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Yearbook Interview Tips: Talking with the School Principal

Arrange and interview here and get the inside scoop from the top. Image from Flickr CC user Eric E Castro

Normally, being told you’re getting sent to the principal’s office is the LAST thing anyone wants to hear. But today it’s a completely different story – you’ve been assigned to interview your school’s leader for the yearbook. Interviewing someone in such a high position (and who plays an important role in your academic career) can definitely be intimidating, but going into your interview well-prepared and with a positive attitude will yield the results you’re looking for and a win, win for everyone involved.

Follow these simple tips on how to secure, lock-down, and hold an in-depth yearbook interview with the person who keeps your school in check through the good times and the bad.

  1. Schedule an appointment

Make sure you go through all the correct channels to set up a time to interview your principal. Visit the main office on your break or after school and talk to the school secretary about setting up time with the principal. Let them know how much time you think you’ll need whether it’s ten minutes or a half hour and work with them to come up with something that will fit everyone’s schedules. Don’t just walk in at the last minute and expect to get your interview right then and there. Be realistic and respectful of the principal’s time.

  1. Be flexible, but persistent

Your school principal, understandably, has a very busy schedule and might have to reschedule your meeting one or two times. Don’t let this get you down – it’s nothing personal. Be sure to follow-up with their assistant or personal secretary to make sure your meeting hasn’t fallen through the cracks. It’s important to be persistent, but not a pest. Let the secretary know your deadline, and he or she will more than likely be happy to work something into that time frame. Remember, the assistant is your gateway to the principal so getting (and staying) on their good side is important.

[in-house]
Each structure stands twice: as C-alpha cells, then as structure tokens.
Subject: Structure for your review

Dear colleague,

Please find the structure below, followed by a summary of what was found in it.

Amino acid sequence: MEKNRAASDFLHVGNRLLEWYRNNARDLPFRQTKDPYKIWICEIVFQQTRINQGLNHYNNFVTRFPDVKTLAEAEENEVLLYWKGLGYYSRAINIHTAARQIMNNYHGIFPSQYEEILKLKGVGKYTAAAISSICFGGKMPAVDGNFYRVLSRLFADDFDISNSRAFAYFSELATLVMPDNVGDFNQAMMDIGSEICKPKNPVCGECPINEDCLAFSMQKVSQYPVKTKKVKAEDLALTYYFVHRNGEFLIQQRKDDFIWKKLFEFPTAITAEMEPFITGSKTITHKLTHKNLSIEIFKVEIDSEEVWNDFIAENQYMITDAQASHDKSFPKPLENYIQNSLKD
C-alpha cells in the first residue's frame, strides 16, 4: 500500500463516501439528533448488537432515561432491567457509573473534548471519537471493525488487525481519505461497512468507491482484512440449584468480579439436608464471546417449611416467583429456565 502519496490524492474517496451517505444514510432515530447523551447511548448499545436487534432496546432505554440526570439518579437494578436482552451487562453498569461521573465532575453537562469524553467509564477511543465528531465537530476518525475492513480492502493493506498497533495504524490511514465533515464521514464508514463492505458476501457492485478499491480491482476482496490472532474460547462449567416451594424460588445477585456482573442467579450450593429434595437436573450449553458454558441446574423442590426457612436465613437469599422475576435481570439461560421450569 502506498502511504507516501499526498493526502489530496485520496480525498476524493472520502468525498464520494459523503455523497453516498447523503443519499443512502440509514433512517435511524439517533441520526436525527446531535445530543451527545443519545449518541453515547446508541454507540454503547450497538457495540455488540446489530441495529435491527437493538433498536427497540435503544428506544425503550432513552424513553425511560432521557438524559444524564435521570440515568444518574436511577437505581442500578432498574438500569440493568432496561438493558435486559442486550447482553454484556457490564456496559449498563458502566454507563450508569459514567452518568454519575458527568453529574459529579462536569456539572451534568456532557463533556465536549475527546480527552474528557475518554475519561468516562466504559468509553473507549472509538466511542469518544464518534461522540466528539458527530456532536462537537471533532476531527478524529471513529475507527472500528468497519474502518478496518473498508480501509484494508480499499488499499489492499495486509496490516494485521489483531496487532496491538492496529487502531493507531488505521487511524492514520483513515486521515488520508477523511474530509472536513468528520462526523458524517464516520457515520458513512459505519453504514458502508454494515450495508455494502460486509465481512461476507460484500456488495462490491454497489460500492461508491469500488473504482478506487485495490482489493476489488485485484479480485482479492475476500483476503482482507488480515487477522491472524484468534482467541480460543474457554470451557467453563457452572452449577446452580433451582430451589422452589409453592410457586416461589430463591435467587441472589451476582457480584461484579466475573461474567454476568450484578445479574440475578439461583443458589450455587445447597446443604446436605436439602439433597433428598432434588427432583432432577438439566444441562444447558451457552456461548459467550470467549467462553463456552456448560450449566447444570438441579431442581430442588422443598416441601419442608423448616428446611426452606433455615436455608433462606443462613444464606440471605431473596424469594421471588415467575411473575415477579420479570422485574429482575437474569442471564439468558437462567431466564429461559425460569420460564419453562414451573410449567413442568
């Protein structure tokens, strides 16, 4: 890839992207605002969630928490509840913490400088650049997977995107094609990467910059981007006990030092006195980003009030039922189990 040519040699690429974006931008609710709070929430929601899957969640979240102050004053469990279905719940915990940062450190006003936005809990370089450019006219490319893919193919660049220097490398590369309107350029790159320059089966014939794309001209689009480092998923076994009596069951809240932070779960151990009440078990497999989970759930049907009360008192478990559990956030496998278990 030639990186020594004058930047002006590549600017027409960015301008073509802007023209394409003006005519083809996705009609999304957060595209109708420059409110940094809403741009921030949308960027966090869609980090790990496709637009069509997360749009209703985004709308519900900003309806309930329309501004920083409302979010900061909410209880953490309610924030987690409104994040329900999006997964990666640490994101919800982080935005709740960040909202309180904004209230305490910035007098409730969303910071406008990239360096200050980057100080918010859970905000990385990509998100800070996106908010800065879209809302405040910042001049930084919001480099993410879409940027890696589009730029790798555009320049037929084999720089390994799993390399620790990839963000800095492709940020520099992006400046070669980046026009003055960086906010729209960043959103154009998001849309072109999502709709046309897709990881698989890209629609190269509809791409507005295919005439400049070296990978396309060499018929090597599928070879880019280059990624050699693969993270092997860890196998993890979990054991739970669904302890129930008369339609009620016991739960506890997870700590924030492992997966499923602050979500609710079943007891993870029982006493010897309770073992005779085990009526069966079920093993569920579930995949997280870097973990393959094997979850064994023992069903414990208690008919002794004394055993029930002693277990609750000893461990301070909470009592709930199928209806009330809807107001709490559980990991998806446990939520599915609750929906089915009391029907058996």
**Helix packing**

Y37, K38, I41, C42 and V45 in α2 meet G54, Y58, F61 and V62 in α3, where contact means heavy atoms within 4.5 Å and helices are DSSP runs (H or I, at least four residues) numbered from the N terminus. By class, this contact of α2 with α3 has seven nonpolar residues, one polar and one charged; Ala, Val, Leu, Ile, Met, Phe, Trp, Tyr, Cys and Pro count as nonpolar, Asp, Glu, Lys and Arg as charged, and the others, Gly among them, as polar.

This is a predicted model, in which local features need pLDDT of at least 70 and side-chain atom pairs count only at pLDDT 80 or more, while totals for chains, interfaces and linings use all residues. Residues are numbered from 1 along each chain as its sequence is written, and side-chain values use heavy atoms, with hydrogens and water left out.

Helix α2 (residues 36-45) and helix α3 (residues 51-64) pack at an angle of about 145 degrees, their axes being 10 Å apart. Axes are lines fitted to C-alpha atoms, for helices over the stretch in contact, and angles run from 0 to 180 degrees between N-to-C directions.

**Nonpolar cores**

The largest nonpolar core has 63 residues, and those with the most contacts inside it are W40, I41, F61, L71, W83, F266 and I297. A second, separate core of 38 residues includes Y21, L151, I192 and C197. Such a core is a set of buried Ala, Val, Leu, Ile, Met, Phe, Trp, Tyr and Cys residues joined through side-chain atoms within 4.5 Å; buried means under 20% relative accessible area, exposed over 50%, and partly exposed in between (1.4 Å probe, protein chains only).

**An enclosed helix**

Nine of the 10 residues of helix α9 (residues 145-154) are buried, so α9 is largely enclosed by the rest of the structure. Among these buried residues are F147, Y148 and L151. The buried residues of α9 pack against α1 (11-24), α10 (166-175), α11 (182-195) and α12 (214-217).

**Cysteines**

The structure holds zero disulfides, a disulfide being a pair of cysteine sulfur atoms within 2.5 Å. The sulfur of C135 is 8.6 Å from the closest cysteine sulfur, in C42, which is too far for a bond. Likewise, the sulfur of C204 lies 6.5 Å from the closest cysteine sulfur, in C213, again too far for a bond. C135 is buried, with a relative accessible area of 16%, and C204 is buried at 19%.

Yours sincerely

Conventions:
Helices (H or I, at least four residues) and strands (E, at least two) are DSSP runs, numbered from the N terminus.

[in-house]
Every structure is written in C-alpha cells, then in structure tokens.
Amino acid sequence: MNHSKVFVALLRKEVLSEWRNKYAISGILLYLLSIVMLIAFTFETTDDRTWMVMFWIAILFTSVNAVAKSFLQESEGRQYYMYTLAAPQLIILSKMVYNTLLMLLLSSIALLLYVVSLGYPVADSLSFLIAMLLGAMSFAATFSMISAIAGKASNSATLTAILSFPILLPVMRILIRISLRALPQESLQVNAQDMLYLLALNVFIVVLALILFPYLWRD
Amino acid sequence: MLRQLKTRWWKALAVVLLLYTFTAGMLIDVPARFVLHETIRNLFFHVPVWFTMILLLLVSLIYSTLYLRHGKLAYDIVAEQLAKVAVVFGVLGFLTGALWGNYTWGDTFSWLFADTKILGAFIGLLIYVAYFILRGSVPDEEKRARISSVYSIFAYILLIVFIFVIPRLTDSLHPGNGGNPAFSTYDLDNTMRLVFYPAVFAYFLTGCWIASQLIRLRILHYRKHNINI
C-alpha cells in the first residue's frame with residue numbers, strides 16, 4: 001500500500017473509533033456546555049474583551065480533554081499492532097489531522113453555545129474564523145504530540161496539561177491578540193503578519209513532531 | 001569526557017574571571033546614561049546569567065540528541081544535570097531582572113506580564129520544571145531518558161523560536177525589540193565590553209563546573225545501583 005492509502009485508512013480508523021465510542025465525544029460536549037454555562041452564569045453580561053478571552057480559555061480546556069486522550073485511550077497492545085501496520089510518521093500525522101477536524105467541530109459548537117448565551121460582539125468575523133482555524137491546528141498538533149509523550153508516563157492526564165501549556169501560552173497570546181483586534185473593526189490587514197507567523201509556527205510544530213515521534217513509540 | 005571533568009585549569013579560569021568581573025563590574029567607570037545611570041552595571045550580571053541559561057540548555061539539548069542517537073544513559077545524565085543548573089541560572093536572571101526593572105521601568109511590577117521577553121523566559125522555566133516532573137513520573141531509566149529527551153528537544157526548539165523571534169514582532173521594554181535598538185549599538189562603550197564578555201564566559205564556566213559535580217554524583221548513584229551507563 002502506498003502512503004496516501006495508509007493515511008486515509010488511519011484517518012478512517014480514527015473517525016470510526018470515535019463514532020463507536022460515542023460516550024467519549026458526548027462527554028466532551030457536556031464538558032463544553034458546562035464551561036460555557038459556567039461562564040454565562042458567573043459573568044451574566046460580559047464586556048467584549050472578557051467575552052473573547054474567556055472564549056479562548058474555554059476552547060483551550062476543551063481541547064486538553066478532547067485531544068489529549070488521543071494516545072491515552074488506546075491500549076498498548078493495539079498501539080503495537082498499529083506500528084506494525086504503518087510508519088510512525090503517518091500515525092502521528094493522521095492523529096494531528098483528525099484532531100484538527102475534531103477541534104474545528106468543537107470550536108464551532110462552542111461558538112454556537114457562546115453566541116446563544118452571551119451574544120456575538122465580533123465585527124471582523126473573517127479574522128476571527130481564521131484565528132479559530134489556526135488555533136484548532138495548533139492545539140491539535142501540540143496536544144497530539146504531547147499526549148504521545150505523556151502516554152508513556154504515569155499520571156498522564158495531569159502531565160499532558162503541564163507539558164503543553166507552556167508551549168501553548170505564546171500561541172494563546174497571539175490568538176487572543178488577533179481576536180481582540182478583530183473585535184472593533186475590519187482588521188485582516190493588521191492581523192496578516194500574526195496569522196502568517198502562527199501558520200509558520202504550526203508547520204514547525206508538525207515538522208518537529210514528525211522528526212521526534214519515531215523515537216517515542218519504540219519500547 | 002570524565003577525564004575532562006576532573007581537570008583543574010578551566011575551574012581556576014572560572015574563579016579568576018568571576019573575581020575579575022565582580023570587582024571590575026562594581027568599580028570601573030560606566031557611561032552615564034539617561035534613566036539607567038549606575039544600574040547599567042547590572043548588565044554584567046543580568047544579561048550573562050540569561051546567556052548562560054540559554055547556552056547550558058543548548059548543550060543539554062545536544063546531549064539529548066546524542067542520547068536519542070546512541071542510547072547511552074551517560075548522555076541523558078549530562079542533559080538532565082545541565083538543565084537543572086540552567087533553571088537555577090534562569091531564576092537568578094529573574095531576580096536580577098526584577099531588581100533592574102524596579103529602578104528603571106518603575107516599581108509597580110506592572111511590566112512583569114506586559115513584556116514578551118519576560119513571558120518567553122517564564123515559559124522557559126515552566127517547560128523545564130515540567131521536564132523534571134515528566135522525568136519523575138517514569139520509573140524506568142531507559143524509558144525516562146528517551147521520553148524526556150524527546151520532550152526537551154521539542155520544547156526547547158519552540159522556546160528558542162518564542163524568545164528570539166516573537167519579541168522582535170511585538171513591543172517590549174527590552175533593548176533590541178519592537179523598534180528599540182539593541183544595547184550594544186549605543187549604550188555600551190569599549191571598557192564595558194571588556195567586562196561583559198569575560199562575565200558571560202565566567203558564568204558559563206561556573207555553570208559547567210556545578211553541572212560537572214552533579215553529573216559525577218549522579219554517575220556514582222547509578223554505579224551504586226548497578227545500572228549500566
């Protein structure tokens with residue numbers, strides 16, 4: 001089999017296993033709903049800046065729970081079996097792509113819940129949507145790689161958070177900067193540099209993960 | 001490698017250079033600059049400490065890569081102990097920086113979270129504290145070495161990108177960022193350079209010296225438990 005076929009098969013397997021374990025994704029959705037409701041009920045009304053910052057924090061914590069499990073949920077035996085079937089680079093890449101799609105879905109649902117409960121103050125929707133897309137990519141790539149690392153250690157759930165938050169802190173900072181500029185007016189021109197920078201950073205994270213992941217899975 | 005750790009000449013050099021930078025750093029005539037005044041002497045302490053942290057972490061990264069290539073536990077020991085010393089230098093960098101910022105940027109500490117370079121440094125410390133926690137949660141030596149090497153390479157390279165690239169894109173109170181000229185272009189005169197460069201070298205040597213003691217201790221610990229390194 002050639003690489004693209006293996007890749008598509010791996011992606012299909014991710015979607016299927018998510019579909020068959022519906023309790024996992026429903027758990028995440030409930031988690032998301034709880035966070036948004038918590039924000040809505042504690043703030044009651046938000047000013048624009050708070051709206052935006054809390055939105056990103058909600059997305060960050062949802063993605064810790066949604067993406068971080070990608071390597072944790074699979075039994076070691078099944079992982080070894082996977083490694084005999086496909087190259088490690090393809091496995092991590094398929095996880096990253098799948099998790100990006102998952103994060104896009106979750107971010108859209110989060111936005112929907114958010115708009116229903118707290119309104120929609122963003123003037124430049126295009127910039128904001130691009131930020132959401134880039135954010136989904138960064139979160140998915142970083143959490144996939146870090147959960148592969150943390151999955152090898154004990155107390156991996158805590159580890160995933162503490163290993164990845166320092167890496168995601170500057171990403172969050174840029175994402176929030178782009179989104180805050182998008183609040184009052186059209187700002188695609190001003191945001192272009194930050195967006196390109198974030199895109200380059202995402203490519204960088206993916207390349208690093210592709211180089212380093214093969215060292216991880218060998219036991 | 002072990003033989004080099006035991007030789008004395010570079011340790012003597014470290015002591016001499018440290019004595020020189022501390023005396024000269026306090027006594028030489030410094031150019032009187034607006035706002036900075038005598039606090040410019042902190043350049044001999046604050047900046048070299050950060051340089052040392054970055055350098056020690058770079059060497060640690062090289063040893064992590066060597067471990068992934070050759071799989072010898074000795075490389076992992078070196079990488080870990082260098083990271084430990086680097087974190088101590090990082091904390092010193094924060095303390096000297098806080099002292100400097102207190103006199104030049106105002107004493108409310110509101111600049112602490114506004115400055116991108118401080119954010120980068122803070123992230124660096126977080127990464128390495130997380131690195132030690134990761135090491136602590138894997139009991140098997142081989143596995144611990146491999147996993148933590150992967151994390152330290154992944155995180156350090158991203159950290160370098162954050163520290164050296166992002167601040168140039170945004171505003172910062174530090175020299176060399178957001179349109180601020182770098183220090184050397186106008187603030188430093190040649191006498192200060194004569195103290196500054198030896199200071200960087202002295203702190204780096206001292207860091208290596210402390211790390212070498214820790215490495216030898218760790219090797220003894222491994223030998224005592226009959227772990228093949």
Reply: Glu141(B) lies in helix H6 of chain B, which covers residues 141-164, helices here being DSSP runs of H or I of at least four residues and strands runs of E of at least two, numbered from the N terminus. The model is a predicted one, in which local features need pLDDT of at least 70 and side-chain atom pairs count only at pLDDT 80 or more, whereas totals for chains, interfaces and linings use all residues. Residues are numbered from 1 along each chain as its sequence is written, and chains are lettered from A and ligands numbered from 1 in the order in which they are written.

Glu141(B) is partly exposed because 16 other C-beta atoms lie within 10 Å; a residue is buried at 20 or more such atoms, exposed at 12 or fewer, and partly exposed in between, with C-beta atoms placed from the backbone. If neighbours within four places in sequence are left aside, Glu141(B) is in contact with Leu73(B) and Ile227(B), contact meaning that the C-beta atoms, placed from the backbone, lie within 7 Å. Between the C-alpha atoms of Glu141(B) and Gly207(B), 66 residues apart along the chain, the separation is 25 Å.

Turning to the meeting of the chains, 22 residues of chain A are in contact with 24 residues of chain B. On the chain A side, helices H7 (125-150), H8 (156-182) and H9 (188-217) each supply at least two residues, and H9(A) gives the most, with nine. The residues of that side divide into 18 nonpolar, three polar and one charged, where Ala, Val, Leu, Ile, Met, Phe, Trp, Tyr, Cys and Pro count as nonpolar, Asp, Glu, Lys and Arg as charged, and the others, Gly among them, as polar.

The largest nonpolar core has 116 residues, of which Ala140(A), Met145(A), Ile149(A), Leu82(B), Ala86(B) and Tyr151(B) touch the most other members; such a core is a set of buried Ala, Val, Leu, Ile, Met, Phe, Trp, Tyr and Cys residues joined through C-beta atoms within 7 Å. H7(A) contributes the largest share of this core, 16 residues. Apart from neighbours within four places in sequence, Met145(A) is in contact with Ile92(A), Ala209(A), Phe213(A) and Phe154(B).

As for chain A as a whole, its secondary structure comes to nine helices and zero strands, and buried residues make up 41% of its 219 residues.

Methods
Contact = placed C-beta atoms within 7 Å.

1. Have your questions ready in advance

Do your research ahead of time. The most uncomfortable feeling in the world is going into an interview completely unprepared. Make sure to write out some of your key talking points before you sit down for the interview, and make sure to reference back to these questions throughout the meeting. You don’t want to forget any important talking points because the discussion ended up going in a different direction than you anticipated.

  1. Be friendly

Smiles go a long way. Look interested in what your principal has to say and don’t forget your Ps and Qs. Politeness and a good attitude are not often forgotten.

  1. Don’t be afraid to follow-up

Just like we mentioned in our post on conducting yearbook interviews with your teachers, following up with your principal to make sure your facts are correct is important. If you have any follow up questions or need to confirm any dates, names, or other crucial pieces of your story, make sure you go through the right channels to do a quick follow-up interview. Try to catch the principal during your lunch break or schedule a brief meeting to chat through your piece with their secretary. Remember it’s always good to fact-check and make sure everything is correct before the story goes to press.

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